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Exp Clin Endocrinol Diabetes. 2004 May;112(5):231-5.

No evidence for autoimmunity as a major cause of the empty sella syndrome.

Author information

1
Department of Molecular Medicine, Karolinska Institutet, Karolinska Hospital, Stockholm, Sweden. Sophie.Bensing@molmed.ki.se

Abstract

OBJECTIVE:

The cause of empty sella syndrome (ESS) remains largely unknown. We measured eleven organ-specific autoantibodies in serum in order to evaluate possible autoimmune components in ESS.

PATIENTS:

Thirty patients with ESS and 50 healthy blood donors participated in the study.

MEASUREMENTS:

Detection of pituitary autoantibodies was performed by immunoblotting with human pituitary cytosol as antigen. Thyroid peroxidase (TPO) and TSH receptor (TRAK) autoantibodies were analysed by radioimmunoassay. The remaining eight autoantibodies were detected by in vitro transcription and translation of the autoantigens and immunoprecipitation.

RESULTS:

The majority of the ESS patients (18/30) exhibited no immunoreactivity at all. None of the remaining 12 ESS patients reacted against more than one autoantigen. No immunoreactivity was found more frequently among ESS patients than healthy blood donors. Pituitary autoantibodies were not correlated to the ESS patients' pituitary function or sellar size, although the results indicated a tendency of increased autoimmunity in patients with hypopituitarism and normal sella size respectively.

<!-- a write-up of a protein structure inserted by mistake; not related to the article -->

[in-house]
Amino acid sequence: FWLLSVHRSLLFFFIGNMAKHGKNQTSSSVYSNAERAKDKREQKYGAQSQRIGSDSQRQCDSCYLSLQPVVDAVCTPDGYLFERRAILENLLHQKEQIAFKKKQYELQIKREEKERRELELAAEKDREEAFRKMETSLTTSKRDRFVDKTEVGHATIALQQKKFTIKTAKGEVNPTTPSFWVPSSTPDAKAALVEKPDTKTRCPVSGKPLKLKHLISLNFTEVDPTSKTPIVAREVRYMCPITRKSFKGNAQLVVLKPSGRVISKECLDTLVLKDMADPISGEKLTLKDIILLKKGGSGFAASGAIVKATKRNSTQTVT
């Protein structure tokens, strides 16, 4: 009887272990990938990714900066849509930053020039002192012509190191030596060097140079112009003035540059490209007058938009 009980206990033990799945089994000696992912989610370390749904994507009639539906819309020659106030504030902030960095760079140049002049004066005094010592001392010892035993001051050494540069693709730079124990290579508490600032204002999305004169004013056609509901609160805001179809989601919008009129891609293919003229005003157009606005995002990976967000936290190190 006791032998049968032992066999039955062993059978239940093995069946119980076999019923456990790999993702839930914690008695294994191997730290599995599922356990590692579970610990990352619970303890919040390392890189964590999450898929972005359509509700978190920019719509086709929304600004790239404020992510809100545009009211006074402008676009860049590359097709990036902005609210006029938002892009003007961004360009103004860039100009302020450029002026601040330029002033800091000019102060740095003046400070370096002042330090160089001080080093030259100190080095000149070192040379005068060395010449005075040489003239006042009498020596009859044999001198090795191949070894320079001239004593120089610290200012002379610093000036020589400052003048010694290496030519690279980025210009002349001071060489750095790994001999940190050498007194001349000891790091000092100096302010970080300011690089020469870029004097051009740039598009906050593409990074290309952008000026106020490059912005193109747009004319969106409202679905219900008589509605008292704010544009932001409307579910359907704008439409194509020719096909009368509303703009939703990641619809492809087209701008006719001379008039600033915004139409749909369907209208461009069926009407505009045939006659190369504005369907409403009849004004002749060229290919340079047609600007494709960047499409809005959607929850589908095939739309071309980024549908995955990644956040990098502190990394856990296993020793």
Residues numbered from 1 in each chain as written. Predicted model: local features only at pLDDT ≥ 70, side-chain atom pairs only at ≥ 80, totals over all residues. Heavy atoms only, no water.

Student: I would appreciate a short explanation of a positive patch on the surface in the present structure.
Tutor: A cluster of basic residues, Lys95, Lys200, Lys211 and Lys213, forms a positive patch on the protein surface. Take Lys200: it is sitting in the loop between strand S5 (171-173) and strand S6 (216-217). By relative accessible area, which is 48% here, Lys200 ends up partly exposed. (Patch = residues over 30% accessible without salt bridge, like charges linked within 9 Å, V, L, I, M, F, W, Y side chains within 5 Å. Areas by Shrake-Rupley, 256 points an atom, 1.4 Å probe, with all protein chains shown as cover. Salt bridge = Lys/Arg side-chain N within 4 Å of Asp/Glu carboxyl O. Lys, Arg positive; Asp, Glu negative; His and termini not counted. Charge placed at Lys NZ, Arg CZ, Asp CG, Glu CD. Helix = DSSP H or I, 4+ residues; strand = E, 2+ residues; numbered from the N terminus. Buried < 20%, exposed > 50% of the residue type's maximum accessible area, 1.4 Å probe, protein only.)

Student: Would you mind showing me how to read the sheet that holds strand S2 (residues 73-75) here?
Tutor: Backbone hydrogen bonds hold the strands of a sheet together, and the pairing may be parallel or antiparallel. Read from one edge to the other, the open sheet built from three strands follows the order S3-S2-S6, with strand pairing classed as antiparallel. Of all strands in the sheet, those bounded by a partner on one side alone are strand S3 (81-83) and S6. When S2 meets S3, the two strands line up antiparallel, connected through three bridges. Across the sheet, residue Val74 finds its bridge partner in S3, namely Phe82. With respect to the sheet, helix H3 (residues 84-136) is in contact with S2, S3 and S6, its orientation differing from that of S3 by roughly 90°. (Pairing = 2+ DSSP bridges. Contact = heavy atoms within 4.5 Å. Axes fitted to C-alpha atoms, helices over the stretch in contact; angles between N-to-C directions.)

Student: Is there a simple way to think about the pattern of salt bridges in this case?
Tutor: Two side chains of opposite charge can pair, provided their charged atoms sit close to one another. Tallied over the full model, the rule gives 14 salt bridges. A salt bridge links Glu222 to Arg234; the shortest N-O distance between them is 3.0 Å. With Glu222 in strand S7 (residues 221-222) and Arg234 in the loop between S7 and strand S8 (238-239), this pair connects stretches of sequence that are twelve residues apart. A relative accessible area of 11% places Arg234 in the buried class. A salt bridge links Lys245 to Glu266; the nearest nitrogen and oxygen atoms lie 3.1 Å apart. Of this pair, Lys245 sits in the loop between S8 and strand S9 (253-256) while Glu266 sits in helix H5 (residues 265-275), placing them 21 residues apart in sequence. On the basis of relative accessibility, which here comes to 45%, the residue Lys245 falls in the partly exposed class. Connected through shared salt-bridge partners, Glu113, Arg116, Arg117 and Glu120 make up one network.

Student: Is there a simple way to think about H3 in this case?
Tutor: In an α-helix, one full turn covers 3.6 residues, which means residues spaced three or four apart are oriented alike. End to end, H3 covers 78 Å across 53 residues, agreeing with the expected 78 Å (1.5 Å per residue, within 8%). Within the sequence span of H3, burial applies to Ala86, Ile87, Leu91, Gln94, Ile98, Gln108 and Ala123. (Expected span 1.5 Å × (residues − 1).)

CONCLUSION:

Detection of autoantibodies is a valuable tool in the diagnostic work-up of autoimmune diseases. By analysing a large number of organ-specific autoantibodies we found no evidence of ESS being associated with any specific autoimmune disease. The pathogenesis of ESS is believed to be heterogeneous and our findings suggest autoimmune components to be of minor importance. In some selective cases, ESS in combination with hypopituitarism may be the result of an autoimmune disease in the pituitary gland but this needs further investigation.

PMID:
15146367
DOI:
10.1055/s-2004-817968
[Indexed for MEDLINE]

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